In San Cristobal, up some back streets, I saw what I fear are today’s inheritors of Rivera, Orozco, and Siqueiros
It’s sad really. All that grand, elevated talk of our youth has degenerated into the childish babble of these cartoons. But the rot doesn’t finish there, for Mexico suffers from the same mindless graffiti which defaces so many of our cities

“Fuck you. I exist”

What are our civilizations reduced to?


Mariahilfestrasse 1: (in
Calle 20 de noviembre , Tlaxcala:
Avenida Vicente Guerro, Tlaxcala:
Shop signs, San Cristobal: my photos
Painted advertisement signs: my photos
Cartoon wall paintings, San Cristobal: my photos
Graffiti, Mexico City: (in

Published by


I like writing, but I’ve spent most of my life writing about things that don’t particularly interest me. Finally, as I neared the age of 60, I decided to change that. I wanted to write about things that interested me. What really interests me is beauty. So I’ve focused this blog on beautiful things. I could be writing about a formally beautiful object in a museum. But it could also be something sitting quietly on a shelf. Or it could be just a fleeting view that's caught my eye, or a momentary splash of colour-on-colour at the turn of the road. Or it could be a piece of music I've just heard. Or a piece of poetry. Or food. And I’m sure I’ve missed things. But I’ll also write about interesting things that I hear or read about. Isn't there a beauty about things pleasing to the mind? I started just writing, but my wife quickly persuaded me to include photos. I tried it and I liked it. So my posts are now a mix of words and pictures, most of which I find on the internet. What else about me? When I first started this blog, my wife and I lived in Beijing where I was head of the regional office of the UN Agency I worked for. So at the beginning I wrote a lot about things Chinese. Then we moved to Bangkok, where again I headed up my Agency's regional office. So for a period I wrote about Thailand and South-East Asia more generally. But we had lived in Austria for many years before moving to China, and anyway we both come from Europe my wife is Italian while I'm half English, half French - so I often write about things European. Now I'm retired and we've moved back to Europe, so I suppose I will be writing a lot more about the Old Continent, interspersed with posts we have gone to visit. What else? We have two grown children, who had already left the nest when we moved to China, but they still figure from time to time in my posts. I’ll let my readers figure out more about me from reading what I've written. As these readers will discover, I really like trees. So I chose a tree - an apple tree, painted by the Austrian painter Gustav Klimt - as my gravatar. And I chose Abellio as my name because he is the Celtic God of the apple tree. I hope you enjoy my posts. Klimt/big/Apple Tree I.jpg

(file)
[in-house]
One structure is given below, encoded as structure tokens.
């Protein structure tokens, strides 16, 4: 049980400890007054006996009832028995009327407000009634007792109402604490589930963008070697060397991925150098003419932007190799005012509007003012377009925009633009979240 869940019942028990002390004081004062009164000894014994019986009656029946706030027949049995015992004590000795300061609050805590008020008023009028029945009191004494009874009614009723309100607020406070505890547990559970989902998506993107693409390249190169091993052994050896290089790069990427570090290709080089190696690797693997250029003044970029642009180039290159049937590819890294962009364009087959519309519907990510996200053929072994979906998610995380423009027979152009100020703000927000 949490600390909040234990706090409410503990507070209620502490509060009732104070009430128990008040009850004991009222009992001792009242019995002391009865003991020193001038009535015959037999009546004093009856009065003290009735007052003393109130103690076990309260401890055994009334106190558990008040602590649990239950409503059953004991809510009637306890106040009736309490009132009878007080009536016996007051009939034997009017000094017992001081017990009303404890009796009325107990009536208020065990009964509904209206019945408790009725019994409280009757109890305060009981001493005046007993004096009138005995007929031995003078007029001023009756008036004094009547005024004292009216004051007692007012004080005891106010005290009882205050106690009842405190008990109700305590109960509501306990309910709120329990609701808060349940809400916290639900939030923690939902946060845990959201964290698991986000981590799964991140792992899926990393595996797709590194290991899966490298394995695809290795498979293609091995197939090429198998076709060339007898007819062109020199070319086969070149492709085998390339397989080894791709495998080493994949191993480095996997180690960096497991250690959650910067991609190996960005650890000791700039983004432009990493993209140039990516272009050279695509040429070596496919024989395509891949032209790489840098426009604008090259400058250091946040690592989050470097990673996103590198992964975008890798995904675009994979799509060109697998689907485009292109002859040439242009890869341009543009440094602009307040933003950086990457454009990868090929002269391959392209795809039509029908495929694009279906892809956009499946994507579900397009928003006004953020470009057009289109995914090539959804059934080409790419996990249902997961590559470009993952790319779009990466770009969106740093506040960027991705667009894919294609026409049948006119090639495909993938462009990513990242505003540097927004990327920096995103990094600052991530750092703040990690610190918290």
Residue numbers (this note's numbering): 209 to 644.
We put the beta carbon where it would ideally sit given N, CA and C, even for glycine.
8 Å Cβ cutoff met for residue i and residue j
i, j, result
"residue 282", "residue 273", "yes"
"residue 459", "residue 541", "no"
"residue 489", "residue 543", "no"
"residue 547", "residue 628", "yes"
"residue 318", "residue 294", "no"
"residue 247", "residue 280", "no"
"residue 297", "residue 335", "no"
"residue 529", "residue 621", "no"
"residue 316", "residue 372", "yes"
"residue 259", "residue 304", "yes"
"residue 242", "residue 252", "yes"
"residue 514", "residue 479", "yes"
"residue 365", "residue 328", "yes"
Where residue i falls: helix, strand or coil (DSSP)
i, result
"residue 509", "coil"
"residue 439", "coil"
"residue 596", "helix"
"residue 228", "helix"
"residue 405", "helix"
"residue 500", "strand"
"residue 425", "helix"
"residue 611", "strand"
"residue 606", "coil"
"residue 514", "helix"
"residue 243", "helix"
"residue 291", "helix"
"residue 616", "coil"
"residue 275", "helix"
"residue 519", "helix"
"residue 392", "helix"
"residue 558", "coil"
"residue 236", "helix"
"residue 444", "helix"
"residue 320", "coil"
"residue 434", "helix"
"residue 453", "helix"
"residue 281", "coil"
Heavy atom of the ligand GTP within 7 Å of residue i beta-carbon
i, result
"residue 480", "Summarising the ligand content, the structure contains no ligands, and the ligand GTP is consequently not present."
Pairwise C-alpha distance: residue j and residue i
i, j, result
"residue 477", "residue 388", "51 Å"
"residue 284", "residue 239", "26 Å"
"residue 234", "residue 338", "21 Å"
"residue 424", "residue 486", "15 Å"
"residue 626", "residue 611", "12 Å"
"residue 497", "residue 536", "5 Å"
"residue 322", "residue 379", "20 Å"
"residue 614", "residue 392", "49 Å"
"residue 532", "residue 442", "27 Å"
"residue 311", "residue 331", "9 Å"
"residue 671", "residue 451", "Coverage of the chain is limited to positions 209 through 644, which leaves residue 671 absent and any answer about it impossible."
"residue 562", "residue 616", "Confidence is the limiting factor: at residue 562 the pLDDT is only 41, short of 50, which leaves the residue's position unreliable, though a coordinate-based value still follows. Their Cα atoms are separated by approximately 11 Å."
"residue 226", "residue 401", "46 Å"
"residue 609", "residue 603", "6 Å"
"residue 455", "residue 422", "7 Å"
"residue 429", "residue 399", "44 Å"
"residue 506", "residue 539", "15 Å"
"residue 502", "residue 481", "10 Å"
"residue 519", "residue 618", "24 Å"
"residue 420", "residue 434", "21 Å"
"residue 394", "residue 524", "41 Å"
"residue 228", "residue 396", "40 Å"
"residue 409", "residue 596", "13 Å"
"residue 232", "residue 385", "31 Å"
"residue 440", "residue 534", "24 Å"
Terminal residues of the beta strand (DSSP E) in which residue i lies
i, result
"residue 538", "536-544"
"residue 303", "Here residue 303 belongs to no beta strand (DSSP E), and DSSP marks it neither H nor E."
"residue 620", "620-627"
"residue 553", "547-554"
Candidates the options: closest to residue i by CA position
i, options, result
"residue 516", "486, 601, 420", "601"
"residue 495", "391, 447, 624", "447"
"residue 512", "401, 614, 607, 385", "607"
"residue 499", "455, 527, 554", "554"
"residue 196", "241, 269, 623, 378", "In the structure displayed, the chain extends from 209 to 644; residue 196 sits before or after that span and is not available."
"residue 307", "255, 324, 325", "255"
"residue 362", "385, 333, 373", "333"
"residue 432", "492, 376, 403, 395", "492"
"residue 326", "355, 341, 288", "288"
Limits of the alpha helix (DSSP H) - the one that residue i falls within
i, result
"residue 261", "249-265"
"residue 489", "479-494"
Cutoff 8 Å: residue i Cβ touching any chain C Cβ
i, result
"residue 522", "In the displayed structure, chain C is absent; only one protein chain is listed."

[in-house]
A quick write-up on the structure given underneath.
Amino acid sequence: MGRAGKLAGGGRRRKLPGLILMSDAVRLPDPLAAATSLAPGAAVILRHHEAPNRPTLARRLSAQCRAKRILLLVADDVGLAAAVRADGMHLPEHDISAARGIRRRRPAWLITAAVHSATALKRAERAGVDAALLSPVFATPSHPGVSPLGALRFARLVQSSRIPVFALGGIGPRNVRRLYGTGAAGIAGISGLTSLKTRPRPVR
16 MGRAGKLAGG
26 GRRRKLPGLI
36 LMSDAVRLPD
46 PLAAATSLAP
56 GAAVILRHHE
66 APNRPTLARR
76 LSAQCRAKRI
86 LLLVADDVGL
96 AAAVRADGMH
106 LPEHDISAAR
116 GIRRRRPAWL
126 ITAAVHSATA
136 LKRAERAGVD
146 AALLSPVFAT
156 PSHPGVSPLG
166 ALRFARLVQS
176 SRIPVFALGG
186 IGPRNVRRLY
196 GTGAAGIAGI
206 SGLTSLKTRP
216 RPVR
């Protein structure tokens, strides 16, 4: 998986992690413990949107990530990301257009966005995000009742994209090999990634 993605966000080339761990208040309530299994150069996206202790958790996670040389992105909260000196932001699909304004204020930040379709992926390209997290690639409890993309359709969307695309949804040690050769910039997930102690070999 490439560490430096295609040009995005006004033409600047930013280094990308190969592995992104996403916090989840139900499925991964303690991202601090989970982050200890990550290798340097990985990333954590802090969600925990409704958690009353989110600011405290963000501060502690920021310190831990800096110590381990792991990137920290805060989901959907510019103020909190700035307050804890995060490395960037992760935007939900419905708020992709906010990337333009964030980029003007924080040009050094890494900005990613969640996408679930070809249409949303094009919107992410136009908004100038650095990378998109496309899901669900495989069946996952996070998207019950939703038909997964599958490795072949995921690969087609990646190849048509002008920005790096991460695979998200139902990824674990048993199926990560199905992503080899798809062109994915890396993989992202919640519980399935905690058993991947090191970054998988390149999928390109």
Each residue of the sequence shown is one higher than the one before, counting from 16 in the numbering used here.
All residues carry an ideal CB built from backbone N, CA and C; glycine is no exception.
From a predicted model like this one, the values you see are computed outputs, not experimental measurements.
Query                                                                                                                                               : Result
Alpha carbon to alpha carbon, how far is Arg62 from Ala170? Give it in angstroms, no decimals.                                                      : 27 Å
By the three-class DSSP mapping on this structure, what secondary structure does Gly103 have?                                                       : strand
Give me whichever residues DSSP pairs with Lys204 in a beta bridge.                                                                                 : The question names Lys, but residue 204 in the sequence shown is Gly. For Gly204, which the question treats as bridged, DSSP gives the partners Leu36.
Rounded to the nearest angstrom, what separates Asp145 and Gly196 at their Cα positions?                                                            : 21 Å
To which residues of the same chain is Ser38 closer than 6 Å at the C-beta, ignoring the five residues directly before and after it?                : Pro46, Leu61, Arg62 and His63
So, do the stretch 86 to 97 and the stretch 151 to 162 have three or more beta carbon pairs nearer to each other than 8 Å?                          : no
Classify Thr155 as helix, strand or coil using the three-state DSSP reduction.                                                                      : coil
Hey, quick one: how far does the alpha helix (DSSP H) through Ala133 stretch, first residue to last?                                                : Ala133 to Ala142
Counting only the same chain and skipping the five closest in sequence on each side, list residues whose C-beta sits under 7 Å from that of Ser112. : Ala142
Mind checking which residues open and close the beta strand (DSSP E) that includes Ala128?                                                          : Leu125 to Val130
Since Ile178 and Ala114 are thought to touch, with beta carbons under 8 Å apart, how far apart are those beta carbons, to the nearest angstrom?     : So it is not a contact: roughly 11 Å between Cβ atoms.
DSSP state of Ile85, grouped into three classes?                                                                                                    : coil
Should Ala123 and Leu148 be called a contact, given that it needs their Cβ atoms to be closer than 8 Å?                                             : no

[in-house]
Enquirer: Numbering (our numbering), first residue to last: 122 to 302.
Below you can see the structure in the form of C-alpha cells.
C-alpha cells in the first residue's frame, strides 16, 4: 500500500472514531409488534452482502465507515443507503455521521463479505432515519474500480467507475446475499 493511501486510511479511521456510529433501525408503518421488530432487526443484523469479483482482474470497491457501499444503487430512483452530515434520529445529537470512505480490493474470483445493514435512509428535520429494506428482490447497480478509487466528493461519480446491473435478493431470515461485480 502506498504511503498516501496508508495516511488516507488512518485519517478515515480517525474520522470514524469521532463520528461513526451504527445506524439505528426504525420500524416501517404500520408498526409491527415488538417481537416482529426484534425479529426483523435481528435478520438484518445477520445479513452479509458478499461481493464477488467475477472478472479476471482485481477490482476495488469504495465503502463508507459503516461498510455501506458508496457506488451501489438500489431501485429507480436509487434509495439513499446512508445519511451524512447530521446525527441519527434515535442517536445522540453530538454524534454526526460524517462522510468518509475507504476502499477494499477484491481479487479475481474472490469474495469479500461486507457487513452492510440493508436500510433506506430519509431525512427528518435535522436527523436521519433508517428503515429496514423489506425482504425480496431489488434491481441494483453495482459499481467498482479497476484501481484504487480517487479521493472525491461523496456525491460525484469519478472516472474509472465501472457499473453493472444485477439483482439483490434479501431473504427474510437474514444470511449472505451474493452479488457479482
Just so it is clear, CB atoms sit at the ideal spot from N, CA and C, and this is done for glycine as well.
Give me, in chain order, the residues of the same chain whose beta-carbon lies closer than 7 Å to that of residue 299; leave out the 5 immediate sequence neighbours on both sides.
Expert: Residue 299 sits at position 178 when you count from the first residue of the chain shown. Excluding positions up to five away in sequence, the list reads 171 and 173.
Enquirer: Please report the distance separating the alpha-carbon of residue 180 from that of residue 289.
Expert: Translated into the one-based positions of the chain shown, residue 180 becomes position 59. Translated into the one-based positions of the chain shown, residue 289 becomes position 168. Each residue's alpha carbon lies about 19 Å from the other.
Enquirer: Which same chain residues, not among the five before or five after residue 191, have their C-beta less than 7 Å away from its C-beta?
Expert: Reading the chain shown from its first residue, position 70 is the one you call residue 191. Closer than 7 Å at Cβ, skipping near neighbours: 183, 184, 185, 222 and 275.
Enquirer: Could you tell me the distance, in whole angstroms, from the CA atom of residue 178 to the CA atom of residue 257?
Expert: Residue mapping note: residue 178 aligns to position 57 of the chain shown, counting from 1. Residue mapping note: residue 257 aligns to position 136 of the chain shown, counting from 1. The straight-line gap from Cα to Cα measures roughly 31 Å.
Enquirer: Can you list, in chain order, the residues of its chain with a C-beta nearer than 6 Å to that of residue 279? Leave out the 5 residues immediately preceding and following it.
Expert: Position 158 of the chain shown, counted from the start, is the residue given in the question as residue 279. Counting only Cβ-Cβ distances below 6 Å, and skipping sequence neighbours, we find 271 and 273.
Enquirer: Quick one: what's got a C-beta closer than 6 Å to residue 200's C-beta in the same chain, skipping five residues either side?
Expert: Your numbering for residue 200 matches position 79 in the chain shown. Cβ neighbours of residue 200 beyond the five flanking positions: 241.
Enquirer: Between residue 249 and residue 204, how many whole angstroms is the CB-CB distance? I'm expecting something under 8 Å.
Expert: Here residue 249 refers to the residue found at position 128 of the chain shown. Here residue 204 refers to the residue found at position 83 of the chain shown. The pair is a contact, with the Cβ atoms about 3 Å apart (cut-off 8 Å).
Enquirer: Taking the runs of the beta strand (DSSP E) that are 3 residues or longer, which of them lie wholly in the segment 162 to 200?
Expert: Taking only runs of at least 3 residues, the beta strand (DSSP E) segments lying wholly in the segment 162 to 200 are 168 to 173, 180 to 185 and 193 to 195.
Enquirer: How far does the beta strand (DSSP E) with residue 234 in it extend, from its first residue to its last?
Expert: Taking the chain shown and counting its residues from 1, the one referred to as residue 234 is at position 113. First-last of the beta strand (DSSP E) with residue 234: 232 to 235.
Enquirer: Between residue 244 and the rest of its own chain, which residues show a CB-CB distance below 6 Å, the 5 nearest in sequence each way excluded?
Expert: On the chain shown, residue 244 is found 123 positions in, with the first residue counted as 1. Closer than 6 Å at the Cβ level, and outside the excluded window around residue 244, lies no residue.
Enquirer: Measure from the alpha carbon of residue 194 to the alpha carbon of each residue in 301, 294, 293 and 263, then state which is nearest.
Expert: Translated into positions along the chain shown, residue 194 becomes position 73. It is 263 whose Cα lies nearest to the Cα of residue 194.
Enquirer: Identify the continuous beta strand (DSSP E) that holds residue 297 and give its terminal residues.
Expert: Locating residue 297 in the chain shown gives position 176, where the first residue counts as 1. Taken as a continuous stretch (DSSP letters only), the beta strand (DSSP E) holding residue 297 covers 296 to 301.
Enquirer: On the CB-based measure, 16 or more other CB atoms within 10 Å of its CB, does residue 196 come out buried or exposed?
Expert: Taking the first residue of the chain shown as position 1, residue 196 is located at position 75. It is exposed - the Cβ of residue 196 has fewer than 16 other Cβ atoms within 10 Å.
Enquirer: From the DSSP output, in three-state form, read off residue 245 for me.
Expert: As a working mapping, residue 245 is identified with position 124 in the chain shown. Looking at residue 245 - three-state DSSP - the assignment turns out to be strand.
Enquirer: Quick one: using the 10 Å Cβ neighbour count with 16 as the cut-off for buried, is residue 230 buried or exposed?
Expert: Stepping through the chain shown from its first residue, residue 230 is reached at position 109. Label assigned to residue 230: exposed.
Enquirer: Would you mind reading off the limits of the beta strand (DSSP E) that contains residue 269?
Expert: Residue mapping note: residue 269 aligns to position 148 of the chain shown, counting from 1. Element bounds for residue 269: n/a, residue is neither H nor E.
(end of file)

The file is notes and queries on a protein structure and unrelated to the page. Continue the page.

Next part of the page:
2 thoughts on “MEXICO: PAINTED SIGNS”

Leave a Reply

Fill in your details below or click an icon to log in: Logo

You are commenting using your account. Log Out /  Change )

Facebook photo

You are commenting using your Facebook account. Log Out /  Change )

Connecting to %s

This site uses Akismet to reduce spam. Learn how your comment data is processed.